Don’t Let These Common Breastfeeding Misconceptions Stop You

By Jessica Martin-Weber | August 1th, 2022

You may or may not know the health reasons to nurse your baby and those reasons may have inspired you to plan to breastfeed your baby. There’s quite a bit of compelling scientific evidence to give your baby human milk, too many to list in one article but a quick look includes the immune system support uniquely provided by human milk, the customized nature of breastmilk components (it changes specific components based on the age and stage of the nursling and even what germs the child has been exposed to… and yes, our bodies can tell what that is!), how nursing helps shape the developing jaw and face structure of the child, and even the neurological development and emotional regulation support breastfeeding provides. That’s just the tip of the iceberg!

Whatever inspires you to breastfeed, chances are strong you’ve heard at least some popular beliefs about breastfeeding and between the powerful evidence supporting breastfeeding and all that’s out there, it’s easy to be overwhelmed or confused. Some of the “conventional wisdom” about lactation can make it seem impossible and sometimes the stories of others are discouraging.

Here are 8 popular miconceptions about breastfeeding you may have heard.

1. Breastfeeding is all or nothing. Many have gone on to reach their lactation goals with combination feeding. Every single drop of human milk counts and some studies even show that there’s little difference between the benefits of exclusively breastfeeding and some breastfeeding. The more, the better, but it doesn’t have to be all or nothing for it to be valid and good for your baby.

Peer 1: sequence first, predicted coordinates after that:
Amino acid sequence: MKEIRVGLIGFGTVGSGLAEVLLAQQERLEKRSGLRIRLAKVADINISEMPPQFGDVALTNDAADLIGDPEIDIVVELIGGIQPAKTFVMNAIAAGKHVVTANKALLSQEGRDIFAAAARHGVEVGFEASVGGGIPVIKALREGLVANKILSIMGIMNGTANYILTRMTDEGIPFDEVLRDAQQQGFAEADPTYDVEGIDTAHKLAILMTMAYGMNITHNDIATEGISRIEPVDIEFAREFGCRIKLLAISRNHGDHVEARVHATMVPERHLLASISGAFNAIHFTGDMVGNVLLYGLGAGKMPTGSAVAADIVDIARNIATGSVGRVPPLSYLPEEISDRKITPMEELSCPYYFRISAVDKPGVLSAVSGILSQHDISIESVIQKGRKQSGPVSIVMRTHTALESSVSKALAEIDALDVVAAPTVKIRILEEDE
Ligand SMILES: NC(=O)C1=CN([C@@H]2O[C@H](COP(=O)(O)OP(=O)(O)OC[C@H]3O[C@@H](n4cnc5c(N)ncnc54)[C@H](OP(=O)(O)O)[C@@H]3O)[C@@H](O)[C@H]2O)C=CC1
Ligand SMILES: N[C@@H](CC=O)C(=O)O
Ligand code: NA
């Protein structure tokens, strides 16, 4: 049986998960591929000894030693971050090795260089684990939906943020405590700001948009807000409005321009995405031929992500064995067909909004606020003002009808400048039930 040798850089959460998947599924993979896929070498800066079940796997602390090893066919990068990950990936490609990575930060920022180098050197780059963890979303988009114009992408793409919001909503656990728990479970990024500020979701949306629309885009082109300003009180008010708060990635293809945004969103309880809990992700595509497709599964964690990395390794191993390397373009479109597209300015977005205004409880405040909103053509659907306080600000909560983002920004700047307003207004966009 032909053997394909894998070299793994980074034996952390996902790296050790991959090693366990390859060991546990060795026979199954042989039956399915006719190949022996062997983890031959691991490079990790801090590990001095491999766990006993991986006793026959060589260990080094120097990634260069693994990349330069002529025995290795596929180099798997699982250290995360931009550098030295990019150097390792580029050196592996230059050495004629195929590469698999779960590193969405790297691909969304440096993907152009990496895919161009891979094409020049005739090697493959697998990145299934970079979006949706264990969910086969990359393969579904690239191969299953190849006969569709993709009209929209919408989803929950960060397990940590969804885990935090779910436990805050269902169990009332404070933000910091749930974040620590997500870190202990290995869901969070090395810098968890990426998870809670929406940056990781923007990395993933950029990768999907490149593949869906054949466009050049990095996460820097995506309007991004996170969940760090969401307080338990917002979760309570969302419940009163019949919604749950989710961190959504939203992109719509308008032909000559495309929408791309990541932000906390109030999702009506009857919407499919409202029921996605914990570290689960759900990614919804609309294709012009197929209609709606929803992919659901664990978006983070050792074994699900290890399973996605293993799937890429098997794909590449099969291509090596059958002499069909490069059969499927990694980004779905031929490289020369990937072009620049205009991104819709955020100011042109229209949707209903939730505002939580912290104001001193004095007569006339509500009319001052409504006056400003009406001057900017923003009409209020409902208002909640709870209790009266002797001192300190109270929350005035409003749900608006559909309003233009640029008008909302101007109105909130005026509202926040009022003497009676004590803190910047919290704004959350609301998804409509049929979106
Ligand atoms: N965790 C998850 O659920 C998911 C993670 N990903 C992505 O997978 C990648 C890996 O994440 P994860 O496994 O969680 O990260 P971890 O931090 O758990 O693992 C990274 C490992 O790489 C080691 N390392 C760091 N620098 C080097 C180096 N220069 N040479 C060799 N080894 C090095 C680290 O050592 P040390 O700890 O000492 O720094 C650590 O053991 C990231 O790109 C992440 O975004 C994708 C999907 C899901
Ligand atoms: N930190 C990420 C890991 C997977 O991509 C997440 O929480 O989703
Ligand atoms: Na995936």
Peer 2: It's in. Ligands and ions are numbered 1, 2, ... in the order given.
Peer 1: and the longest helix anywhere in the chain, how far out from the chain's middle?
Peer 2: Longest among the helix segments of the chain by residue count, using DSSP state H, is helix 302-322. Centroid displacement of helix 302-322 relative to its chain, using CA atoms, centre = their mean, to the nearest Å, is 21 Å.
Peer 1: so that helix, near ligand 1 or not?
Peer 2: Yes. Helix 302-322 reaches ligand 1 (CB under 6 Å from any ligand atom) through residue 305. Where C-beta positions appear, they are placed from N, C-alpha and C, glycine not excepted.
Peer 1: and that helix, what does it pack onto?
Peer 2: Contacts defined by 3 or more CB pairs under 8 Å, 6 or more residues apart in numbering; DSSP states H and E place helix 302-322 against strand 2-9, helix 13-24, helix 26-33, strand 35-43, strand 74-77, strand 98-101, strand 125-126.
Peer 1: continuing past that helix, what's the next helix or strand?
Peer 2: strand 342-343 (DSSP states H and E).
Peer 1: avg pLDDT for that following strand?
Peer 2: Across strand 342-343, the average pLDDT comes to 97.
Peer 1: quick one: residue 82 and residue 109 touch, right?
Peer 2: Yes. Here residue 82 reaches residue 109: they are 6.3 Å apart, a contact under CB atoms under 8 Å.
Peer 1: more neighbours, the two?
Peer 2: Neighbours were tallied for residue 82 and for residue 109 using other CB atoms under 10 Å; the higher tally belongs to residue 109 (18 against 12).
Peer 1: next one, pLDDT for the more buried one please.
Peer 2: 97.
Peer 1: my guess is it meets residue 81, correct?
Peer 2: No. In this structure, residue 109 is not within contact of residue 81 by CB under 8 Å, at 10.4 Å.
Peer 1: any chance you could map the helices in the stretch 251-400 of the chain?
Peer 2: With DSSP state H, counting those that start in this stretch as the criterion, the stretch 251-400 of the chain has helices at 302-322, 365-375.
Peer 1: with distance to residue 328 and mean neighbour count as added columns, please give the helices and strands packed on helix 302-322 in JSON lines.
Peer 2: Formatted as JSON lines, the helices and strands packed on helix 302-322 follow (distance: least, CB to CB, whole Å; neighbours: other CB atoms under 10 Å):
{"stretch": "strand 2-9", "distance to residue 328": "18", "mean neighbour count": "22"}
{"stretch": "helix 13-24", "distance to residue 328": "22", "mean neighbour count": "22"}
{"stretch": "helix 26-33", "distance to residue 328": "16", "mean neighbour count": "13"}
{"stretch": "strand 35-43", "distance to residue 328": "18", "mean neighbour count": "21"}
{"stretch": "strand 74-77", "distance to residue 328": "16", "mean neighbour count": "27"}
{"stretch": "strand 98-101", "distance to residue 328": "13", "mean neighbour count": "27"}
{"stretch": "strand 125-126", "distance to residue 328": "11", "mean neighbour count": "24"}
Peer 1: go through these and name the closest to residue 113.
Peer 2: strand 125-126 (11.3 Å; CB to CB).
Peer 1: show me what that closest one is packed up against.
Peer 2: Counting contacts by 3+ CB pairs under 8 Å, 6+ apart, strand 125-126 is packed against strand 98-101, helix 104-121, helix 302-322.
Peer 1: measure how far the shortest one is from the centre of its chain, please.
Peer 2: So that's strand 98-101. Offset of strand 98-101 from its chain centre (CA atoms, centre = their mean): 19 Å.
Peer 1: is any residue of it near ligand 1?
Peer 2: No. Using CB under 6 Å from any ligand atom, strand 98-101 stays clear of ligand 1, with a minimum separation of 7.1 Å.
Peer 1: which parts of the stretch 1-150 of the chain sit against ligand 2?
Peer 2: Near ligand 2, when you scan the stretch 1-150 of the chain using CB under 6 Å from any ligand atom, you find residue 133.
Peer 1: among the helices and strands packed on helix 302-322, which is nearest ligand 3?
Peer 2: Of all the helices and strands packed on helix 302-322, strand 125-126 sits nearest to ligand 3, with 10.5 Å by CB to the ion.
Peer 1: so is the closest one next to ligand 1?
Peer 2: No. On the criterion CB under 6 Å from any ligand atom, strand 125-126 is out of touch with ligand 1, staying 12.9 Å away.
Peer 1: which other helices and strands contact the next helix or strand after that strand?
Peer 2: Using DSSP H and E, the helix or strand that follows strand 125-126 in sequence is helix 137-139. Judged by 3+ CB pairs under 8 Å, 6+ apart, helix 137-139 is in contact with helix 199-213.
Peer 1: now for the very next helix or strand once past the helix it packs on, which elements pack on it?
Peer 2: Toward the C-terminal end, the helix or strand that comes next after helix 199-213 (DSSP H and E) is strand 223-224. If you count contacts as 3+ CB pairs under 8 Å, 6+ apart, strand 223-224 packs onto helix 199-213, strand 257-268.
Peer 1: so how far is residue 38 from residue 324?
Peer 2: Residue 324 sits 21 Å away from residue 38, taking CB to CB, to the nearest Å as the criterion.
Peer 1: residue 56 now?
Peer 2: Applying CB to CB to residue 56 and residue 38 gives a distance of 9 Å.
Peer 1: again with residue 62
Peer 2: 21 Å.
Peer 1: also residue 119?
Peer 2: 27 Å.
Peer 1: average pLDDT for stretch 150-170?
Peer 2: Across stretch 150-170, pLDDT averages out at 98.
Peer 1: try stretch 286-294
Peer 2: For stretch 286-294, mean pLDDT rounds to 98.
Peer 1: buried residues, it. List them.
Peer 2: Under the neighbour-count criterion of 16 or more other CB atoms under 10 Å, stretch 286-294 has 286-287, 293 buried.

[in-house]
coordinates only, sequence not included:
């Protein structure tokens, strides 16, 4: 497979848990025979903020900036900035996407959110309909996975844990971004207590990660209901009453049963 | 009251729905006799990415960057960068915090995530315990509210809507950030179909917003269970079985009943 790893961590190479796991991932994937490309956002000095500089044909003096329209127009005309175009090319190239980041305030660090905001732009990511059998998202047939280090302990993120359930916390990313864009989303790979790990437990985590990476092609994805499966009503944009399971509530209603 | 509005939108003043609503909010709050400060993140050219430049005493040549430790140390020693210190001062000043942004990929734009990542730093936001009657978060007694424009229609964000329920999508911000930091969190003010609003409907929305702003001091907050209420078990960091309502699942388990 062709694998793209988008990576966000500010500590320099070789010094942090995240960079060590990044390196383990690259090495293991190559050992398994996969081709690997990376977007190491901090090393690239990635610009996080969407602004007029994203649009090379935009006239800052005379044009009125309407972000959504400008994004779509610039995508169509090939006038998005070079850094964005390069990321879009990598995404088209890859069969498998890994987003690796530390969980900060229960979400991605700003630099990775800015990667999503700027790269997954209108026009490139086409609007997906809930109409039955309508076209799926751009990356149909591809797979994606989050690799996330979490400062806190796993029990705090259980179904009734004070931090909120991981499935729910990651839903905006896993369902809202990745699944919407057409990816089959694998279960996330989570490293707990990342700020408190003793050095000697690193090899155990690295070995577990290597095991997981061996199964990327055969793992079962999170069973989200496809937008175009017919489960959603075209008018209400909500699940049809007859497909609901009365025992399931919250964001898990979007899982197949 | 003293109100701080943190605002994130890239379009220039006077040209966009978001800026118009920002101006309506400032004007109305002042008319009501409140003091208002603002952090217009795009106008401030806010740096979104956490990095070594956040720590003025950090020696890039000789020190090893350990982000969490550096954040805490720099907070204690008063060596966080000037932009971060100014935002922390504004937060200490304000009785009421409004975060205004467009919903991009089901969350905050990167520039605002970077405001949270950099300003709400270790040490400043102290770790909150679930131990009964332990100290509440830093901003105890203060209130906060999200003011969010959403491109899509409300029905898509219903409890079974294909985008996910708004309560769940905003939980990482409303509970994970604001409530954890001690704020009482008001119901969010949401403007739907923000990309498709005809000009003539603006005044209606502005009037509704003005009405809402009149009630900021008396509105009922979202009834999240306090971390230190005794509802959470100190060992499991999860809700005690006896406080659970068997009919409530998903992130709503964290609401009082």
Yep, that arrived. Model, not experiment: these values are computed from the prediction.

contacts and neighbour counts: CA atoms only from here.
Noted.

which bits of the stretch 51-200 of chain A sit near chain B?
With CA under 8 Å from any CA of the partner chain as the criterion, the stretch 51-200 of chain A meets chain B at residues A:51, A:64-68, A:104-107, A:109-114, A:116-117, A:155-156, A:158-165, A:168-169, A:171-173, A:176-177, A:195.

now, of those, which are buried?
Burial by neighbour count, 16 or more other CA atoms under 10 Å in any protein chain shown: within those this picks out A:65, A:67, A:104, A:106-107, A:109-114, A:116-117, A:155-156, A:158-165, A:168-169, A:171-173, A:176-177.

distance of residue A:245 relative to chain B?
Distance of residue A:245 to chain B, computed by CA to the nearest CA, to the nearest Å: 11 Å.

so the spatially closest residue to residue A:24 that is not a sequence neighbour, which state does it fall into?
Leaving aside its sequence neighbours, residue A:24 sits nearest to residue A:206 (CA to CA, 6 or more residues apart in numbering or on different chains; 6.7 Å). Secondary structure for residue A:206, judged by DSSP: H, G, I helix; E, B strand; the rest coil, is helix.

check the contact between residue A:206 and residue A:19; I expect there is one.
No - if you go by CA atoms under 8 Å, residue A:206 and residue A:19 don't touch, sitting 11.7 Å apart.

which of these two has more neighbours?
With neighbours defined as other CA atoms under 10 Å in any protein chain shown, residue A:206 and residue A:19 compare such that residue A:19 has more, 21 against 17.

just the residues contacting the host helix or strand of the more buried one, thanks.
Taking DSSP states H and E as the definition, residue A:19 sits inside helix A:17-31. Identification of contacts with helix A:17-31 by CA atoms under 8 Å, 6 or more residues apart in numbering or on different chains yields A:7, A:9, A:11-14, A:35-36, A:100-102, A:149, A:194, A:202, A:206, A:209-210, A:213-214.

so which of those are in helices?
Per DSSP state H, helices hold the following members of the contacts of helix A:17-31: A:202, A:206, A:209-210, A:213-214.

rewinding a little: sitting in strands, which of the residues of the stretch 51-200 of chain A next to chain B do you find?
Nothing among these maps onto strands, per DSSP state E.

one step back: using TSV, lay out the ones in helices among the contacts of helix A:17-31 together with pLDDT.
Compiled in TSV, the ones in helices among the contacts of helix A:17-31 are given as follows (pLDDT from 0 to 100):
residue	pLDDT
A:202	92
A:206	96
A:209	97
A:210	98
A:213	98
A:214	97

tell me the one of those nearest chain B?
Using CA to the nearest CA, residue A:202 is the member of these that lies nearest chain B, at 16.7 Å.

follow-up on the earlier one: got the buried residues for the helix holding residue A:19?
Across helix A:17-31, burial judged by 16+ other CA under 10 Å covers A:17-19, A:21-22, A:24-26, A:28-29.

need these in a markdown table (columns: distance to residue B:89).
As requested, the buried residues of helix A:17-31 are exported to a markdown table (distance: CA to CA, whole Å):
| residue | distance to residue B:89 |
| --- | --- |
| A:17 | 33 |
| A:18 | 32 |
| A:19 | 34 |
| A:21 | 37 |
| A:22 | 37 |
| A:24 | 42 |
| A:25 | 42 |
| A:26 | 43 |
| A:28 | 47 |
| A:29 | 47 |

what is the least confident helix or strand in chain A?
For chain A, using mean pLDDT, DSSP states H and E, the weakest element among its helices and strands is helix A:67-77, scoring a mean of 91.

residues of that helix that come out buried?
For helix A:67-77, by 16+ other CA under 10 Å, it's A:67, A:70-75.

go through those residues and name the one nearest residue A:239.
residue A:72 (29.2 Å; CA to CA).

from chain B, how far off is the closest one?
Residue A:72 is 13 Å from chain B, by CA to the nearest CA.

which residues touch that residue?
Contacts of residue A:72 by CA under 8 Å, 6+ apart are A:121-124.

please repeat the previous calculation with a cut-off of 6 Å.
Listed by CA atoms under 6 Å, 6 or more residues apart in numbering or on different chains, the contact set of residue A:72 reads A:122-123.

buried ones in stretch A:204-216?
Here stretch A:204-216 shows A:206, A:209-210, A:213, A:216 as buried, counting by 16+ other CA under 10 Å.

2. It’s hard to have enough milk for your baby. This is such a common misconception in large part because we often expect babies to be like small grown ups with their eating and sleep patterns but they are so different! Babies have tiny tummies that fill quickly and empty quickly, plus human milk is so specifically formulated for them that their bodies are incredibly efficient in digesting and metabolizing it. Which means they typically need to feed more frequently than big kids and adults do. Most that are lactating go on to have exactly the milk supply they need for their baby as long as they are feeding responsively, meaning feeding when their baby indicates they are hungry. Our bodies are a demand/supply system when it comes to milk production so if you ask for it… the milk will come. If it seems your baby isn’t getting enough milk, talk with your child’s health care provider and see a lactation helper such as an IBCLC (International Board Certified Lactation Consultant) to troubleshoot.
3. You have to pump. Pumps have been around for a very long time which can make it seem as though pumping is essential for reaching lactation goals. That’s not always the case though, if you can be with your baby all of the time and can nurse directly, you may never need to pump and your baby will still get exactly what they need.
4. Freezer stash of milk is required. Another myth! A large stash usually isn’t necessary! If you’re going to be away from your baby you only need milk for the feeds you will miss. “Pump today what your child will need for tomorrow” often works well. If you do end up with a freezer full of milk you don’t need for your baby, consider becoming a milk donor for other babies.